Advocating for our CASA children in children’s court is one of our main duties as Court Appointed Special Advocates, but did you know that your role outside of the courtroom makes an even bigger impact on your CASA children?
Foster children are more likely to experience attachment disorders as a result of constant instability during their time in foster care. Disruptions like placement changes make it even more difficult to continue bonding with family, friends, and caregivers. How can we as Advocates help our foster children attach and bond? It is as simple as continuing to be the constant voice for our CASA children and maintaining as much normalcy as possible!
The Texas Youth Permanency Study (TYPS) recommends Advocates engage in the following actions based on their interviews with foster youth who have aged out:
1. Advocate for, and with, youth around relational permanence.
2. Meaningfully include your youth's voice in all aspects of case planning.
3. Create an honest and authentic relationship with youth.
Committing yourself to the children on your cases, being supportive and honest, and showing up for them when others cannot or will not is essential for bonding and creating these authentic relationships. TYPS states that the youth interviewed shared that the most important indicator of future success and well-being after exiting care is having at least one person that the youth could feel supported, nurtured by, and committed to.
Advocating for lifelong relational permanence is another way a CASA Advocate can make a huge difference in their foster children’s future. CASA does not have to be the only person in a child’s life that they can form safe attachments to. Identifying and advocating for safe and trustworthy adults and caregivers is instrumental in ensuring our foster children develop long-term relationships that will help them attach, learn about the world around them, and create a safe, loving space in which they can flourish.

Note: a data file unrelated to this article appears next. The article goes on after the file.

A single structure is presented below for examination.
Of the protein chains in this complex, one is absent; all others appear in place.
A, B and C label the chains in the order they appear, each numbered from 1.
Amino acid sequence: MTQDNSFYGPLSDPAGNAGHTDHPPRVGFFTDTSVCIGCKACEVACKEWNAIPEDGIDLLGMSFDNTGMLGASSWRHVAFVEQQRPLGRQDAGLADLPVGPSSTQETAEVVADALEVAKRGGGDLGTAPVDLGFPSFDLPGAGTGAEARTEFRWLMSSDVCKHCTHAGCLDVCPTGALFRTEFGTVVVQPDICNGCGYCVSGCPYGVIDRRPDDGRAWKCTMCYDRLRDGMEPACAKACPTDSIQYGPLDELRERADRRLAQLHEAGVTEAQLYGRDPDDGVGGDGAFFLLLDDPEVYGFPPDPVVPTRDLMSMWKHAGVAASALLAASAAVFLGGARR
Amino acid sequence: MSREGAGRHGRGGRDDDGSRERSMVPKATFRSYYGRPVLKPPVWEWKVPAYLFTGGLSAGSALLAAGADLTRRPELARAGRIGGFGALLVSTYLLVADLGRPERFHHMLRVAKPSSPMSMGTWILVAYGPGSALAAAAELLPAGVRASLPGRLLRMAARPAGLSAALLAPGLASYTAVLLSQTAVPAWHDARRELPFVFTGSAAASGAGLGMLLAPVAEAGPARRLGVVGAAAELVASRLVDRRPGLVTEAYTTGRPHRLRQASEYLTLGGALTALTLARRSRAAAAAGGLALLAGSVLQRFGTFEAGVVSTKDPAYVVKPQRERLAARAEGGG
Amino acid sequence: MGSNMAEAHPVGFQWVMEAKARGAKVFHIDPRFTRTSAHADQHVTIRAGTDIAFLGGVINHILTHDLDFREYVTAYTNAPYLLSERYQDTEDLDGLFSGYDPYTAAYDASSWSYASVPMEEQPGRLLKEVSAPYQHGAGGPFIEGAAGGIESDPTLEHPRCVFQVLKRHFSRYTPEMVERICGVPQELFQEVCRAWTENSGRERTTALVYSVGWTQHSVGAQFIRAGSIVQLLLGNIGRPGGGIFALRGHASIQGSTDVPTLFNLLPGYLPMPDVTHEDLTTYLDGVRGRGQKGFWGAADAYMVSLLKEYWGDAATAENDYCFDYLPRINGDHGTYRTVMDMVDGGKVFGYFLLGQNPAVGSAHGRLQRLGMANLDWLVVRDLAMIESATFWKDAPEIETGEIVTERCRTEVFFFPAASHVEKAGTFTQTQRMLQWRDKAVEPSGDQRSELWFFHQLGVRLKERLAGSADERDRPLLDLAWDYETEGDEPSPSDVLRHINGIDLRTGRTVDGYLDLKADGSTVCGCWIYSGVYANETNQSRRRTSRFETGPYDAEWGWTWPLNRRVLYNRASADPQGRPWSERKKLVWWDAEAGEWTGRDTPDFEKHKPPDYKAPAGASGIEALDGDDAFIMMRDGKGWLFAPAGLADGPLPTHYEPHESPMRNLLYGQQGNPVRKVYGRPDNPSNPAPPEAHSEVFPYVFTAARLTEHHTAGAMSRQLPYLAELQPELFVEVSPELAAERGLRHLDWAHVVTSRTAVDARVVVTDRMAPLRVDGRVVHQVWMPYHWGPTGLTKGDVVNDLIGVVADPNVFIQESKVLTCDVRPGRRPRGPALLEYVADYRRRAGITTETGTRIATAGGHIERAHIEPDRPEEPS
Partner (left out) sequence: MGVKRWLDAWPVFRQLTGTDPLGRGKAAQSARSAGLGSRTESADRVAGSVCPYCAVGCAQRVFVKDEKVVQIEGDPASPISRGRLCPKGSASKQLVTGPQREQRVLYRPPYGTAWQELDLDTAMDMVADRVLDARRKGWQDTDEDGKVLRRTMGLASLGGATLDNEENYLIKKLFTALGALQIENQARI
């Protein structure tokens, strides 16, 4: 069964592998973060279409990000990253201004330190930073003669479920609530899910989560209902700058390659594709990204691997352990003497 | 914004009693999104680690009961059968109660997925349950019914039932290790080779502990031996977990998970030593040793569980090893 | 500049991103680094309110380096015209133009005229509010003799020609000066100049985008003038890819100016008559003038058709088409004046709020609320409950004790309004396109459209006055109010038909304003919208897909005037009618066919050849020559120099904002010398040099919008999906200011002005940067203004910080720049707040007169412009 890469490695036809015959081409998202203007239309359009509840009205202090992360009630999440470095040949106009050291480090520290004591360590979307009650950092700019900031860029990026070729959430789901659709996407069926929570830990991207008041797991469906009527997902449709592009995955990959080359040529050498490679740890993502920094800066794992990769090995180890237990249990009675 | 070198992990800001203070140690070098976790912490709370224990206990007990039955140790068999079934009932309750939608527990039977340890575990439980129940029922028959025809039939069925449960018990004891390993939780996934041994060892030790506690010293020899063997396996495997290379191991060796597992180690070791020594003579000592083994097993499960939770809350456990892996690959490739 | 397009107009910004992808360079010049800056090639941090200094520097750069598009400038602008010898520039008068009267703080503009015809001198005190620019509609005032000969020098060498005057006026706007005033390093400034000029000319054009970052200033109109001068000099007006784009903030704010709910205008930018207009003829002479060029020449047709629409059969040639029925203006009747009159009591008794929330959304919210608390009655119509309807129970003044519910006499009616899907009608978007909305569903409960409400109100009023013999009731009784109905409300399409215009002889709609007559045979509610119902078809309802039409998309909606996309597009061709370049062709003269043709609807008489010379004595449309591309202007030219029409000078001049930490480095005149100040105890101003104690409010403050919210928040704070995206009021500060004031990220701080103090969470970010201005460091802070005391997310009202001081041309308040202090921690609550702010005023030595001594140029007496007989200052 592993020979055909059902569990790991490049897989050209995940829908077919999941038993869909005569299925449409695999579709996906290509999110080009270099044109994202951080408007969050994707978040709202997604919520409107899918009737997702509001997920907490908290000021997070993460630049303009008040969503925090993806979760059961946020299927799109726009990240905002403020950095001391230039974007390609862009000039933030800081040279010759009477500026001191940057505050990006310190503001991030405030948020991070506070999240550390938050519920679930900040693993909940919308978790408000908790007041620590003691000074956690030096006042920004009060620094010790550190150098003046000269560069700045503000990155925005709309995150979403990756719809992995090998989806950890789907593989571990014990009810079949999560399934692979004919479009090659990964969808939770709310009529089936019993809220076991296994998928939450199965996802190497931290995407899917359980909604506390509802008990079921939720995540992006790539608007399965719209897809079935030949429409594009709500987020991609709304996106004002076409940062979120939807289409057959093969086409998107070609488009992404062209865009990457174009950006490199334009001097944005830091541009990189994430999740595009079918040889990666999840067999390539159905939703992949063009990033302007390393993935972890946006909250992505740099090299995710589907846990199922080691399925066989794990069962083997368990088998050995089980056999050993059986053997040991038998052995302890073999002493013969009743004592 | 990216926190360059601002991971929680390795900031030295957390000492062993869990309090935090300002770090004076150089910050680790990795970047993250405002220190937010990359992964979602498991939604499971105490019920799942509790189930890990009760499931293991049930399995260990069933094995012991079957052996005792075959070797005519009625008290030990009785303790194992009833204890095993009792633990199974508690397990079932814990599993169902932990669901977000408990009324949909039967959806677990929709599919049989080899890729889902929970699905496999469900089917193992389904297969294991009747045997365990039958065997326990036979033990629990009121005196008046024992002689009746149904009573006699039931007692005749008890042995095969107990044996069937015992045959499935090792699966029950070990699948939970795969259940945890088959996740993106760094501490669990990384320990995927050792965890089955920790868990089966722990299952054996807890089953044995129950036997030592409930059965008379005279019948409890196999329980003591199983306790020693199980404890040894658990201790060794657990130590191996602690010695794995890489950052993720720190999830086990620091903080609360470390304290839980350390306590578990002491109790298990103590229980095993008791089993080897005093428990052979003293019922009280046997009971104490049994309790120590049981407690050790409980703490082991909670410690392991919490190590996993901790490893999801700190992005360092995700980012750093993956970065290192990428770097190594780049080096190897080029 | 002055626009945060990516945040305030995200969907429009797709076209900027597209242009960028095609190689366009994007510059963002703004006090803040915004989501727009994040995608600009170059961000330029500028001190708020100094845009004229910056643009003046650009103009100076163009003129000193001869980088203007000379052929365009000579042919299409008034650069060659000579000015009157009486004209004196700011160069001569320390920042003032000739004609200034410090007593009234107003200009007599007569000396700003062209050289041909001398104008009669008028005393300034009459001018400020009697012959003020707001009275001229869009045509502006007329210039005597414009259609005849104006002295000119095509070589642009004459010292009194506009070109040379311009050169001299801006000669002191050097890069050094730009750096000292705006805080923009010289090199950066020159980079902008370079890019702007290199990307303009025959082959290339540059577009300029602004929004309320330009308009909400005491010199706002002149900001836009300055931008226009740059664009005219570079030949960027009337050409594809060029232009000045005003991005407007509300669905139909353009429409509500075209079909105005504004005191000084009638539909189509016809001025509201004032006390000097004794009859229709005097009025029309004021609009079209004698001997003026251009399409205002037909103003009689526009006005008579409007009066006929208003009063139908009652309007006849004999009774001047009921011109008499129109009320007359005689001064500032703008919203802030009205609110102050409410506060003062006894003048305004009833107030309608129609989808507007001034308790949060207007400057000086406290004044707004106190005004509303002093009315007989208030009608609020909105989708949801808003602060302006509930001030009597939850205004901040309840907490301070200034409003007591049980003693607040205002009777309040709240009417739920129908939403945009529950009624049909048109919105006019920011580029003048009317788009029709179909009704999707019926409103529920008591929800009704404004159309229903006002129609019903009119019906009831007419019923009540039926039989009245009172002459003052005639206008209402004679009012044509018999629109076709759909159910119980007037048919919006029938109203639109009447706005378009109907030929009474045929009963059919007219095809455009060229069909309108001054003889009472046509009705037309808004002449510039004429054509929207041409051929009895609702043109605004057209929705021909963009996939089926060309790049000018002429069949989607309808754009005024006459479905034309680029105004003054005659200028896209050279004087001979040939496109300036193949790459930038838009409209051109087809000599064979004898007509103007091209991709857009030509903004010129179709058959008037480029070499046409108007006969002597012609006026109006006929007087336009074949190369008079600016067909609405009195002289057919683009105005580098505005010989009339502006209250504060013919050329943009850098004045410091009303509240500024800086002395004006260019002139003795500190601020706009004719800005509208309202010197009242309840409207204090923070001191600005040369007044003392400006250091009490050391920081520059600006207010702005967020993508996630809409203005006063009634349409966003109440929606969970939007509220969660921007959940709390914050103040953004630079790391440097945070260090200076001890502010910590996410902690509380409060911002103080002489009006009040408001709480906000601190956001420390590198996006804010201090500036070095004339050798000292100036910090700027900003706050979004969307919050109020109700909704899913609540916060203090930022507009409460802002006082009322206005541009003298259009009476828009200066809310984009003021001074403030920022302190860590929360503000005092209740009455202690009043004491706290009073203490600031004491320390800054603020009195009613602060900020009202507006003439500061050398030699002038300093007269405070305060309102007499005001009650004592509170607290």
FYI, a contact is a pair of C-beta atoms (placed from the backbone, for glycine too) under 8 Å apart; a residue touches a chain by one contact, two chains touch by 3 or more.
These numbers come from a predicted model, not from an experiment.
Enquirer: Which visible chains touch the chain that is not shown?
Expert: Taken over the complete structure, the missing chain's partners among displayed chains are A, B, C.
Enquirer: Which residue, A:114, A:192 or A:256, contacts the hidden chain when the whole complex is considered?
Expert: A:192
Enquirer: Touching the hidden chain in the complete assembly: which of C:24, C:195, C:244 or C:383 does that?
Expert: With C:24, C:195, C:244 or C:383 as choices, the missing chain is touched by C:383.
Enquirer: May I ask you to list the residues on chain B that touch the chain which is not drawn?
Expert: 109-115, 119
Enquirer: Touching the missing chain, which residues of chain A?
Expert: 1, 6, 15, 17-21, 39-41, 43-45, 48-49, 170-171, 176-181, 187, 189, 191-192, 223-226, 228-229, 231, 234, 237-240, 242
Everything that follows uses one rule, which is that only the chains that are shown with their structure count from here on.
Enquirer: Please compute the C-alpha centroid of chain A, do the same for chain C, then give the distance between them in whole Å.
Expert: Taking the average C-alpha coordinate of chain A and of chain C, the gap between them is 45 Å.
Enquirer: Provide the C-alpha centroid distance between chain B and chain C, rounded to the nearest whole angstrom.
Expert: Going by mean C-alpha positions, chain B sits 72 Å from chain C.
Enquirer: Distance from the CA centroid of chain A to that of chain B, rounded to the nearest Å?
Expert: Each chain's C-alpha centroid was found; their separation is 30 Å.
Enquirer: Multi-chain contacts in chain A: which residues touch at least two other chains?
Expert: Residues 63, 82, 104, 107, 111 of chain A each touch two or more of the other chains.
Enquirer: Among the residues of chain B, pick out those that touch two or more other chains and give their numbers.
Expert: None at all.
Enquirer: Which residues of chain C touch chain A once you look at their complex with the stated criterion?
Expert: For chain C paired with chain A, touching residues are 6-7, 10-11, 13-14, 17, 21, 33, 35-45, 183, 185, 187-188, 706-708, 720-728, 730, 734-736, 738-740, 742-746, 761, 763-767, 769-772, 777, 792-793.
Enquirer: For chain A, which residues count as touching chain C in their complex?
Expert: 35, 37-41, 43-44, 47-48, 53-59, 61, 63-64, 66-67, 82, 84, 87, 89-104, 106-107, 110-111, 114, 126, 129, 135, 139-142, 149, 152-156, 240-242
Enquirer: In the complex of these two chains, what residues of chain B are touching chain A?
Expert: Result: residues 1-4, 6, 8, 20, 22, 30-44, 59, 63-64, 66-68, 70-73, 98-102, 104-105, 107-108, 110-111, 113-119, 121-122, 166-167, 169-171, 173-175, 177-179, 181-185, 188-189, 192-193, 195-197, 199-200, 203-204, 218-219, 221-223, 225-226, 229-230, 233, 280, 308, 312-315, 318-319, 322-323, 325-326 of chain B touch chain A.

According to TYPS, both informal and formal relationships with safe adults create normalcy. Informal relationships include birth families (if available), teachers, friends, and romantic partners. Formal relationships involve foster caregivers, caseworkers, mental health professionals, and CASA volunteers. When all are involved in the best interest of the children, relational permanency and normalcy are restored. Through these relationships, our foster children are able to have the safety, education, and life skills they need to become successful adults.
1. What is an example of a safe adult that forms an informal relationship with our CASA kids?
b. CASA Advocate
2. Due to constant instability, foster children experience attachment disorders. This affects the way they _____ other people.
a. Bond to
c. Play games with
3. True or False: Children and youth should not be involved in their case planning.
For more information visit: Texas Youth Permanency Study (UTYPS.org)
Please email responses to: email@example.com